Mission Statement: This blog was created to provide information on getting help for autism in general while focussing on locally available resources for families with newly diagnosed children in Belleville and Quinte area.

Please browse the blog at your leisure. You are welcome to comment on the posts. If you are a parent, an autism consultant, counselor, teacher with information on autism resources available in our area, please email your information to benziesangma@gmail.com. Your information will be added within 24 hours.

Local Autism Support Groups

Parents Engaging Autism Quinte (PEAQ), an autism parent support group, meets once a month on the first Tuesday of the month (no meetings in January, July and August) at Kerry's Place, 189 Victoria Avenue, Belleville at 6:30 to 8 p.m. If you have questions or suggestions for autism topics that are important to you so that we can invite appropriate autism professionals to speak at these meetings. Next PEAQ meeting is on June 5.

Autism parent support group meeting hosted by Mental Health Agency, Trenton and Military Family Resource Centre (MFRC) meeting is on the Second Thursday of the month from 6 to 7:30 p.m. If you have require any further information please contact Marya Peters for more information at 613 392-2811 ext 3953 or email marya.p@trentonmfrc.ca

For info on Community Living Prince Edward County Parent Support group, contact Resource Consultants @ 613 476 6038

Central Hastings Autism Support Group meets in Madoc at the Recreation Centre. Contact Renee O’Hara, Family Resource & Support, 613-966-7413 or Tammy Kavanagh, Family Resource & Support, 613-332-3227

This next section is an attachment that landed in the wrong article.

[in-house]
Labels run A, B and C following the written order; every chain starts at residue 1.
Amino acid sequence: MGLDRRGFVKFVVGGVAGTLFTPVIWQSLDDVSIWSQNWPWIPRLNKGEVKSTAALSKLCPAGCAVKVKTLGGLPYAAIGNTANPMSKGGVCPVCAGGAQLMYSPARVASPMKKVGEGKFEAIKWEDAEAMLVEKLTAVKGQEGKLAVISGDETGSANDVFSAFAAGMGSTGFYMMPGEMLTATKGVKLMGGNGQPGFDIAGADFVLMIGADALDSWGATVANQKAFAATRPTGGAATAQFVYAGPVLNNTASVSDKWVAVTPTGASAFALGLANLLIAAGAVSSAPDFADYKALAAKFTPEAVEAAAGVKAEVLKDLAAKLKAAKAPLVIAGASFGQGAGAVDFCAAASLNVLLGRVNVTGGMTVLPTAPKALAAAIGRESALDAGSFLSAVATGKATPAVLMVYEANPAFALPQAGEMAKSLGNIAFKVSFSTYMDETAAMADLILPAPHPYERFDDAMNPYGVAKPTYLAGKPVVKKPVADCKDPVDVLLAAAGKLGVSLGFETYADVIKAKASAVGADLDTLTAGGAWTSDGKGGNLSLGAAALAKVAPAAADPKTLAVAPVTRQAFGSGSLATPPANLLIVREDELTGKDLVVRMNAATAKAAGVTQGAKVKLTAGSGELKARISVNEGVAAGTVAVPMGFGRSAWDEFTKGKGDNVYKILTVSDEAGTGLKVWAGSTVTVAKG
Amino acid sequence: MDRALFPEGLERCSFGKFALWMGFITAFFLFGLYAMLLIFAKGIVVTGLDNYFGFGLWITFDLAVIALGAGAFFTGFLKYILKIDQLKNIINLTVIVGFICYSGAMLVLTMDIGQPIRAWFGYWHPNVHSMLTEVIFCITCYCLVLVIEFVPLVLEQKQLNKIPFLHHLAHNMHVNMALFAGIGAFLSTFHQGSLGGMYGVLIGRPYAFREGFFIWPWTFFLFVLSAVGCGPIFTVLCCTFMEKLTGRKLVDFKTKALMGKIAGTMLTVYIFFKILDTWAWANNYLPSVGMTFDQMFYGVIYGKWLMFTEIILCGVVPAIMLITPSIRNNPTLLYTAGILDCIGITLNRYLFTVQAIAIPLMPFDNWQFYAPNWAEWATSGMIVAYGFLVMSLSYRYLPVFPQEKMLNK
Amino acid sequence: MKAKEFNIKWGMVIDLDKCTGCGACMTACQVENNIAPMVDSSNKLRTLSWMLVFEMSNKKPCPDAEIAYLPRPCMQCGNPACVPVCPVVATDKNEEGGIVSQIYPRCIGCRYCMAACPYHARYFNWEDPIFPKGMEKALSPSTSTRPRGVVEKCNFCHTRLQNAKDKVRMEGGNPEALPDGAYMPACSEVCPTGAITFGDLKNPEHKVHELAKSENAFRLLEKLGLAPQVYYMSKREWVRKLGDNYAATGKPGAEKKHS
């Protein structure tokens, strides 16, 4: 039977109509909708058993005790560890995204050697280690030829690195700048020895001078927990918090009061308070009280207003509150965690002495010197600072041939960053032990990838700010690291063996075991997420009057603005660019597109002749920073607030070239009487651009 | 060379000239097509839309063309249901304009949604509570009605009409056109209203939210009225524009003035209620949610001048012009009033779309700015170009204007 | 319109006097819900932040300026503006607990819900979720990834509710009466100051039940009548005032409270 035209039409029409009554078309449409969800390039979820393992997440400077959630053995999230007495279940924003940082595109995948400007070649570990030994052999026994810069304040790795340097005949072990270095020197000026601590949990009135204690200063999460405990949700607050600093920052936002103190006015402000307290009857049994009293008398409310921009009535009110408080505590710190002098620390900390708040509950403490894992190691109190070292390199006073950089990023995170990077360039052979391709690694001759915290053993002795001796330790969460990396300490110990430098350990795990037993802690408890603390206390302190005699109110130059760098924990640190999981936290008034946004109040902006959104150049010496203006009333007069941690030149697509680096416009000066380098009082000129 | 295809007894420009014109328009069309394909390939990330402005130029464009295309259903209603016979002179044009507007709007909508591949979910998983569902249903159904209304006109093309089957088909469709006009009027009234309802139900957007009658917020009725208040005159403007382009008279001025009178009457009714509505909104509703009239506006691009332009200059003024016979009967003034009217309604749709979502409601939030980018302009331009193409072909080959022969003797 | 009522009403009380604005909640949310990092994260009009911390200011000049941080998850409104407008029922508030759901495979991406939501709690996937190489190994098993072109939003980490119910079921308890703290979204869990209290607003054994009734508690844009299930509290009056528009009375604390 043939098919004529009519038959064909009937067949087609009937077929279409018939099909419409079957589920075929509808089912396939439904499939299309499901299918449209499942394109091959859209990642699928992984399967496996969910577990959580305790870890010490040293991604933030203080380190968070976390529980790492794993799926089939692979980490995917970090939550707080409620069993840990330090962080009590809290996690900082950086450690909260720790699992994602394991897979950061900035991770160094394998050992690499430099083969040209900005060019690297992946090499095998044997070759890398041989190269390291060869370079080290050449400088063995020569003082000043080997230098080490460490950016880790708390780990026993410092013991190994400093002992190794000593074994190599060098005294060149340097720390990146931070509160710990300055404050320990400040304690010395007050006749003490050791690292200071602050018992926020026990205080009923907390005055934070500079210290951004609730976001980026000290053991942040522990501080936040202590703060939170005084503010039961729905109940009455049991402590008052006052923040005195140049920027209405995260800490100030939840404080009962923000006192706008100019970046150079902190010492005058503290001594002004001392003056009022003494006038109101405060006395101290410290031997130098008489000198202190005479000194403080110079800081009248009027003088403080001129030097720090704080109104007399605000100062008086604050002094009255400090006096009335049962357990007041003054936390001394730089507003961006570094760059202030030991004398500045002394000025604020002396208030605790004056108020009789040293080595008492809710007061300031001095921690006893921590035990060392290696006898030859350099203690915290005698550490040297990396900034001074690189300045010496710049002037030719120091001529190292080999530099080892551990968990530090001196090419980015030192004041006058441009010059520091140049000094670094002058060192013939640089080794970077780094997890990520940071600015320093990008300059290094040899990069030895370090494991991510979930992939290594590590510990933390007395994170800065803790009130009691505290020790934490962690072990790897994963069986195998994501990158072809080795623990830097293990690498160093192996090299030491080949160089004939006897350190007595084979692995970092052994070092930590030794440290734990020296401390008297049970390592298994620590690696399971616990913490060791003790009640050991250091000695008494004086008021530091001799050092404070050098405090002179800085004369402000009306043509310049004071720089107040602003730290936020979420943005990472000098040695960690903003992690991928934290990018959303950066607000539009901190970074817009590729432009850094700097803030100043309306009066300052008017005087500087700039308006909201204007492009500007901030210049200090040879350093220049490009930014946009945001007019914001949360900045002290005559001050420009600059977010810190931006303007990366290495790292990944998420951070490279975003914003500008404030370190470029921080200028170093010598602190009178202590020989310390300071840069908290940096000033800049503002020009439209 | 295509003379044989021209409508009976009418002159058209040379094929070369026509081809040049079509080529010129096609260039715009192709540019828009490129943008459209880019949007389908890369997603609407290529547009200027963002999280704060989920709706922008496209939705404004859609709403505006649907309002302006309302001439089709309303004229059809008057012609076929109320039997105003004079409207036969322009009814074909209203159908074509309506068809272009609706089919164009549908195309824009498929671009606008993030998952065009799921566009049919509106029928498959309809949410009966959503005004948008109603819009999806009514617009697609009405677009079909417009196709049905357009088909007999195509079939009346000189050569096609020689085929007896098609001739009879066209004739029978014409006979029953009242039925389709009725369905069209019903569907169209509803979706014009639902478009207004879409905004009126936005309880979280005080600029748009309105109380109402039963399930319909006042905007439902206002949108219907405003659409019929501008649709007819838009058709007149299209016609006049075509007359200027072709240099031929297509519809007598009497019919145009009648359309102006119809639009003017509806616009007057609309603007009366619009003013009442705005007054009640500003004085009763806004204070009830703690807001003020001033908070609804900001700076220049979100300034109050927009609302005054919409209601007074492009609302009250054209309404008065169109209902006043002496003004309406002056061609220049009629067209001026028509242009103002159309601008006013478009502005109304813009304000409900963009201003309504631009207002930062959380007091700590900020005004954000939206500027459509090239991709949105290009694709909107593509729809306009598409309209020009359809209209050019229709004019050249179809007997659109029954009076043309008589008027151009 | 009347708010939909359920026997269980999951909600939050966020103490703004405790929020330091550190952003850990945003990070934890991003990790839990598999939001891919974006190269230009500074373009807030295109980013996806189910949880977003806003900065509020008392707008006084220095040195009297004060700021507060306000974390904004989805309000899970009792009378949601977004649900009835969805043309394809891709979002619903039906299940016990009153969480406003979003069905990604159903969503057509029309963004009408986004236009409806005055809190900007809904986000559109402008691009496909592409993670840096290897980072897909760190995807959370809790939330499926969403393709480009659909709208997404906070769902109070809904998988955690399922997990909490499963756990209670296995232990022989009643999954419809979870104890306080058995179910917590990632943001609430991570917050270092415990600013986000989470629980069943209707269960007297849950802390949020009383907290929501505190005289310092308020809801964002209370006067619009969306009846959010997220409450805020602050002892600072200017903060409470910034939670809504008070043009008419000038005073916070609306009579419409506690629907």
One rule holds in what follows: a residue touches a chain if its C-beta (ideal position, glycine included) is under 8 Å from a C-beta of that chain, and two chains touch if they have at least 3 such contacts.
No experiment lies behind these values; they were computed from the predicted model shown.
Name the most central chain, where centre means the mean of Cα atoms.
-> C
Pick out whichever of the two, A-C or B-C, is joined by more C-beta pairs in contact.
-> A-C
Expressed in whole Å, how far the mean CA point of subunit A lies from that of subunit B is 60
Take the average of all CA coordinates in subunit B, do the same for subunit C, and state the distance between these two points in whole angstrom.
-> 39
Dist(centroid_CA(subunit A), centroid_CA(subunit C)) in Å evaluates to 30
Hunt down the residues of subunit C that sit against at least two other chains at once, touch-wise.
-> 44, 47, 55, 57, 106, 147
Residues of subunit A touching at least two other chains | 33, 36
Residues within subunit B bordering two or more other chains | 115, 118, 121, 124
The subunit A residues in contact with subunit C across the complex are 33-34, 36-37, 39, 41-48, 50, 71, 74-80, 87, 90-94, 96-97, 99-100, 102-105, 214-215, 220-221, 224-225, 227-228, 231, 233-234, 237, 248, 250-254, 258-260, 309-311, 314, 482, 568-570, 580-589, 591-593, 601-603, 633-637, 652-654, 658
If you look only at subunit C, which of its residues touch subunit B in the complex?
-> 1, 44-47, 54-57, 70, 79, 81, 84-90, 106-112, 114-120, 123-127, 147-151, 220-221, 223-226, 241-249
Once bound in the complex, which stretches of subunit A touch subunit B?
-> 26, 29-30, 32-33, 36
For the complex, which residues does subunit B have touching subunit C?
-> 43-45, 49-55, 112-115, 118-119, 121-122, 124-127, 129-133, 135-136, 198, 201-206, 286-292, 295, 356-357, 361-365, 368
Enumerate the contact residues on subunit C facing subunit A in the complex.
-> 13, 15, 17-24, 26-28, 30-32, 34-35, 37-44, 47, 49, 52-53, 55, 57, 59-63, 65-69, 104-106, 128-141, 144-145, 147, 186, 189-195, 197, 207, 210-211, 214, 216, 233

Transition planning for elementary school students with autism

Tuesday, November 14, 2017

Each To Their Own But Here's How We Found Our Way

I can tell you from my own experience how overwhelmed my husband and I were back in the days after our child's diagnosis shortly before Grade 1. We began meeting with school officials regarding school supports for our son. We knew nothing about the resources within the school board, what we could seek to access for his school needs. But we persevered. We read online what other families are experiencing and the paths that they followed. We went to the meeting table asking questions having brought with us a list of all that we know about our child’s strengths and weaknesses. We were firm with our requests but we were also respectful of the staff’s time and showed our appreciation for the efforts that they are making. We found that the more specific questions we have to present at the table, the closer we got to addressing the ongoing situations with our child at school. Looking back, I think it was easier for the staff when parents come prepared with a list of things that they see might help their child at school. It becomes a written agenda for the team to discuss and explore options. The needs might not get resolved right away but a plan is set in motion – what, who, where, when and how – will the support will be provided for the student. We also found that setting up a deadline for the outcome of any item on the agenda, allows for space for both us as parents and the staff space to put resources into place or to work out other options. My husband took notes while I made my points, brought to the meeting in written format, and verbally followed up on them. We learned much later that we could have asked for a copy of the minutes for the meeting because the staff always takes notes. This, purely for the purpose of reminding ourselves what we discussed in the previous meeting and what we could follow up in the next. As we got more organized in later years, we kept the notes from the meetings and were able to follow up on issues and steps considered as needed. Our strategy was to make and build a sustained friendly and approachable relationship with the school staff. We realized that communication's possible when both sides are talking to one another respectfully valuing each other’s input and perspective.